Adenoviral Insulinoma-Associated Protein 1 Promoter-Driven Suicide Gene Therapy With Enhanced Selectivity for Treatment of Neuroendocrine Cancers

Akerstrom, V. ect
The Ochsner Journal, 2013

Background: Insulinoma-associated protein 1 (INSM1) is a zinc finger transcriptional repressor with a limited spatial and temporal embryonic expression pattern in neuronal and neuroendocrine tissues. Interestingly, INSM1 activity is reactivated in neuroendocrine tumors such as small-cell lung cancer (SCLC), neuroblastoma, medulloblastoma, and retinoblastoma. Adenoviral constructs with the 1.7-kilobase pair INSM1 promoter-driven herpes simplex virus thymidine kinase (HSV-tk) gene could effectively suppress D283 Med subcutaneous xenograft tumor growth. Undesirably, sequences in the adenoviral backbone overrode promoter specificity in vivo. Incorporation of both the chicken ß-globin HS4 insulator sequence and 2 copies of the mouse nicotinic acetylcholine receptor (nAchR) neuronal restrictive silencer element abolished the nonspecific activation of the INSM1 promoter in vivo.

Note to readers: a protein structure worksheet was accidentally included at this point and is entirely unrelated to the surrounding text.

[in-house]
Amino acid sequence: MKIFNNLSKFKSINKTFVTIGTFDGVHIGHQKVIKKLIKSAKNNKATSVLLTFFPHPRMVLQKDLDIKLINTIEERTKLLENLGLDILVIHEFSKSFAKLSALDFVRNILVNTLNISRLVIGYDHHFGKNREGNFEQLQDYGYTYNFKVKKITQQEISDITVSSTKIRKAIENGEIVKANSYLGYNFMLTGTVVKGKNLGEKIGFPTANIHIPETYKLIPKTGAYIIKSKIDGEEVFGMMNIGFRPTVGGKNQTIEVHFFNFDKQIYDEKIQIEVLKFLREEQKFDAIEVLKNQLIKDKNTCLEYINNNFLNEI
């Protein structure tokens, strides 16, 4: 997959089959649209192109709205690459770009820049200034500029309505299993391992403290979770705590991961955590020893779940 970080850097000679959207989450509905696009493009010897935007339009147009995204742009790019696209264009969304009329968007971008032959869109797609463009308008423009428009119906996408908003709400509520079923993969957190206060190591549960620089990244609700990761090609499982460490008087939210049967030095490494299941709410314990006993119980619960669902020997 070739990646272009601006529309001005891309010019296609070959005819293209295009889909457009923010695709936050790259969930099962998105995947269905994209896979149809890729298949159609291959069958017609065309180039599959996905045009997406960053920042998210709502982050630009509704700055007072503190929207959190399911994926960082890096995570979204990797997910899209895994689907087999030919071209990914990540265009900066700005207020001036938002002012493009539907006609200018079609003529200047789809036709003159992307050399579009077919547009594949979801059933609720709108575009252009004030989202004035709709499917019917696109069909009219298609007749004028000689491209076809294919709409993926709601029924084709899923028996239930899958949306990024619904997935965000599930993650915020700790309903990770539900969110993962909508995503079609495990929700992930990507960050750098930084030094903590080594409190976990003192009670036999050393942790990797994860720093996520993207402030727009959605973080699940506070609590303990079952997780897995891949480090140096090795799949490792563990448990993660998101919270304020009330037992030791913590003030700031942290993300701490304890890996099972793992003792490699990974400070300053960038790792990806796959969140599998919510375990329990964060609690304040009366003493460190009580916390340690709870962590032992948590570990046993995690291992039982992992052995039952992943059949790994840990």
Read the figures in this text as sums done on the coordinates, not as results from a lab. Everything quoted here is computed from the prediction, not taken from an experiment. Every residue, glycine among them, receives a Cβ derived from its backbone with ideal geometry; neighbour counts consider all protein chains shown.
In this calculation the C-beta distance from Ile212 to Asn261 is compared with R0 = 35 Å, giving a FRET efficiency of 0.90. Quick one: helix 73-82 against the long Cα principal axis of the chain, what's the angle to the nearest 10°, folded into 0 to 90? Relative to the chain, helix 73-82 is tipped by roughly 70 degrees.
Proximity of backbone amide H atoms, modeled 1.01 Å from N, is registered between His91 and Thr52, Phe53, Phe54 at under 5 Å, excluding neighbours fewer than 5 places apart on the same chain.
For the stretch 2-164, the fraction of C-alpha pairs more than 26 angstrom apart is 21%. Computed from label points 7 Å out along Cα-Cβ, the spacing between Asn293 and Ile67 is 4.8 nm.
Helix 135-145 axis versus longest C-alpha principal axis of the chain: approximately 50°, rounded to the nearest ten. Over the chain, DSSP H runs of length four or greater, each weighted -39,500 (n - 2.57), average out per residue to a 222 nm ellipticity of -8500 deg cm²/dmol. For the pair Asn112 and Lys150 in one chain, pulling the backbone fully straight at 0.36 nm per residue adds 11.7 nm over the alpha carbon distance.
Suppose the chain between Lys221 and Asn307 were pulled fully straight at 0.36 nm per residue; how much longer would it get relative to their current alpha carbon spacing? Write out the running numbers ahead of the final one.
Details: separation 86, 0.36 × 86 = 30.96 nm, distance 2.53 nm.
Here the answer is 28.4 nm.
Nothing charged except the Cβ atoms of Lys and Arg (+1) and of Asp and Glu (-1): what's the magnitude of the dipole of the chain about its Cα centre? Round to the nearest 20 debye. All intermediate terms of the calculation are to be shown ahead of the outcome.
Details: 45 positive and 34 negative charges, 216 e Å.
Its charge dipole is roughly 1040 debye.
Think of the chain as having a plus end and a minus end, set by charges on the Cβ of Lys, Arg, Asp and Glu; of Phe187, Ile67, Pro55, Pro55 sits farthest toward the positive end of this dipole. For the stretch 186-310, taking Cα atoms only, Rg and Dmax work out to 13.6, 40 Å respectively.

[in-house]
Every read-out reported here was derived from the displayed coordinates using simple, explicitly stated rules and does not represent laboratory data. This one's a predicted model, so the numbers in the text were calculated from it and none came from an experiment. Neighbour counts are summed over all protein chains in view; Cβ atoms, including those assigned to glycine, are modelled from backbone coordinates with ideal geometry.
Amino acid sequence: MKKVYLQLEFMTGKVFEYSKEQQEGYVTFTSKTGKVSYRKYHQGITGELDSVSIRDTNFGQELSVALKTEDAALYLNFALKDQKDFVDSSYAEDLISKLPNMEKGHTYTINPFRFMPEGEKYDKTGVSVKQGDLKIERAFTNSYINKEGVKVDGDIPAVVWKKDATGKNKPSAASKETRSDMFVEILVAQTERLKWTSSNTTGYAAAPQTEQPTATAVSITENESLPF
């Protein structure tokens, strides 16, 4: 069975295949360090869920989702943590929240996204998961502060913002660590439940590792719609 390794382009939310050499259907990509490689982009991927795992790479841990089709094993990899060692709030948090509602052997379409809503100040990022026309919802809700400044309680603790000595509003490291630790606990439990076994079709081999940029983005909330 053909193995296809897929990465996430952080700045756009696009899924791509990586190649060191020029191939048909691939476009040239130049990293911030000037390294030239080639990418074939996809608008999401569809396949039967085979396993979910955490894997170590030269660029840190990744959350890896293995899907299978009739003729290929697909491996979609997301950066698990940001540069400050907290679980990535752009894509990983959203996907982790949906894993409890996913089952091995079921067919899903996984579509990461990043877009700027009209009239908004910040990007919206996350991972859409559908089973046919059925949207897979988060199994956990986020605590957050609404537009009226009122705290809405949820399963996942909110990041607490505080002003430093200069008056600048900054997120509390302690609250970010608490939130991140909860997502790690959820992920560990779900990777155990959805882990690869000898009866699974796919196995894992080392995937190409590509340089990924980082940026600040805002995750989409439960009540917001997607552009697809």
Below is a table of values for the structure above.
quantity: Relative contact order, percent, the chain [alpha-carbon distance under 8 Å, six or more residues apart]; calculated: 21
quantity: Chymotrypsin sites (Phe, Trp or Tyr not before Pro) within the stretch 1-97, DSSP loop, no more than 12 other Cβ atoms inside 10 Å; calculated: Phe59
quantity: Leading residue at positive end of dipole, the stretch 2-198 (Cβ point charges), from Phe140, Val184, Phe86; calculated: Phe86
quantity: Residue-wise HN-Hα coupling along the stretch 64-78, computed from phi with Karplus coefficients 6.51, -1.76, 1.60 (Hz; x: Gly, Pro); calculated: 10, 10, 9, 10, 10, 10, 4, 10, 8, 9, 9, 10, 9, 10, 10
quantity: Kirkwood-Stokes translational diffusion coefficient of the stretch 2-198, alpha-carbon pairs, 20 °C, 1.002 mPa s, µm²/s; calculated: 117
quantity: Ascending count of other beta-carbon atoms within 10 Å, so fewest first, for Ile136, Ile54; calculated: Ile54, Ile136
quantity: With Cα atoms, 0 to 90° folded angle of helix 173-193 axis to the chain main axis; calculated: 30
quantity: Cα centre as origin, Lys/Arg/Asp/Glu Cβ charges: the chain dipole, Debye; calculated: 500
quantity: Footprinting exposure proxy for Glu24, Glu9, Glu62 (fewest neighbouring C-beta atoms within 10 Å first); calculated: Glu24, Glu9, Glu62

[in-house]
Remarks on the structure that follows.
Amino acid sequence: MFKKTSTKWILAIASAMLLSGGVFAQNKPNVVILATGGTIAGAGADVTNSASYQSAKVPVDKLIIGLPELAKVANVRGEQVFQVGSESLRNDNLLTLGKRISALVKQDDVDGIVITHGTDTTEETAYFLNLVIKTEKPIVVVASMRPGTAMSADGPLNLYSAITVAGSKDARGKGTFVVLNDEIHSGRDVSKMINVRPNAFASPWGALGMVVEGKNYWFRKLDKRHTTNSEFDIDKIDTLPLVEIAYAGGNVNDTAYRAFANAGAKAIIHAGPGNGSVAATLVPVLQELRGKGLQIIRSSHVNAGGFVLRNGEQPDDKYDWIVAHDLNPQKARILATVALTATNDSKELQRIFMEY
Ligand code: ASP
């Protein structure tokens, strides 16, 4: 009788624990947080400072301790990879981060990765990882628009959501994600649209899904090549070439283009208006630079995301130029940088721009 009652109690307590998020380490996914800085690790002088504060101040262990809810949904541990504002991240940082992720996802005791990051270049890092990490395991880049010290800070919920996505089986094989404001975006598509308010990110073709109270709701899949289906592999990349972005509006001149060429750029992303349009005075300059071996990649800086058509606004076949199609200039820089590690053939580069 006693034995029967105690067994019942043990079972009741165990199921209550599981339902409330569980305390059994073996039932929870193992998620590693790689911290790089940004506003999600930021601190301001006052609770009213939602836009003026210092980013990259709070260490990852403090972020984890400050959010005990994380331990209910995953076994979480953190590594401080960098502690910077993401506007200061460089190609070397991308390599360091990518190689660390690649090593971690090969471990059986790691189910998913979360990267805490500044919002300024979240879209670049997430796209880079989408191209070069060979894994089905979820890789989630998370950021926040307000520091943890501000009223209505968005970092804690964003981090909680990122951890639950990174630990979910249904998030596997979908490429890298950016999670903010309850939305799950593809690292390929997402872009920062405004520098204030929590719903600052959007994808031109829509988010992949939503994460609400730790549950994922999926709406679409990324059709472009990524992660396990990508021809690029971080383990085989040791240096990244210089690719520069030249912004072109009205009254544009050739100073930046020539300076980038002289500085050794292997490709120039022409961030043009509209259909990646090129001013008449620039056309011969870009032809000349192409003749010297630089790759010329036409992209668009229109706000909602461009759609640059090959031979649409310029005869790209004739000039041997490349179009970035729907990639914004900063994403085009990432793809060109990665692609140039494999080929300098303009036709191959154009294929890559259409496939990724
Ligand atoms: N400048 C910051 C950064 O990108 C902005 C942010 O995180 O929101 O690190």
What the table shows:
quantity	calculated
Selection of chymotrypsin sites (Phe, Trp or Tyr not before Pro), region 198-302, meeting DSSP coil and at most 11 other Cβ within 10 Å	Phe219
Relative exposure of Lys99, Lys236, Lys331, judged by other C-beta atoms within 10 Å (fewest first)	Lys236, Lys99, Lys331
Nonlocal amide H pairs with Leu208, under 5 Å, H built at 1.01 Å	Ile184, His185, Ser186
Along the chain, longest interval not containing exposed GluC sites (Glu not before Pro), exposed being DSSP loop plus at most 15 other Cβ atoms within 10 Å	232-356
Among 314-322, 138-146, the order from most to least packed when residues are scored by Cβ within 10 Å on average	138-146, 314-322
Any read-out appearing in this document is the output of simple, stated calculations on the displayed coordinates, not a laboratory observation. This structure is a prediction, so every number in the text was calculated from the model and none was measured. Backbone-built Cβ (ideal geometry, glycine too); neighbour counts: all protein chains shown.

Methods: The luciferase reporter gene was replaced with the HSV-tk suicide gene to generate the Ad-K5 virus. Both in vitro cell viability assays and in vivo tumor regression studies were used to determine the efficacy of the improved configuration INSM1 promoter adenoviral construct against a panel of neuroendocrine cell lines.

Results: In vitro cell viability assays with the Ad-K5 HSV-tk–expressing construct further reinforced that the Ad-K5 virus could eradicate SCLC, insulinoma, medulloblastoma, and neuroblastoma cells. Further, Ad-K5 virus treatment of a D283 Med subcutaneous xenograft tumor showed a superior antitumor effect over the control Ad-RSV (Rous sarcoma virus)-HSV-tk.

Conclusions: Improvements to the INSM1 promoter resulted in a stronger and more selective adenovirus. Treatment of a panel of neuroendocrine carcinomas with the Ad-K5 virus revealed enhanced antitumor activity over the RSV control, demonstrating its usefulness for the treatment of a variety of neuroendocrine tumors.

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The Ochsner Journal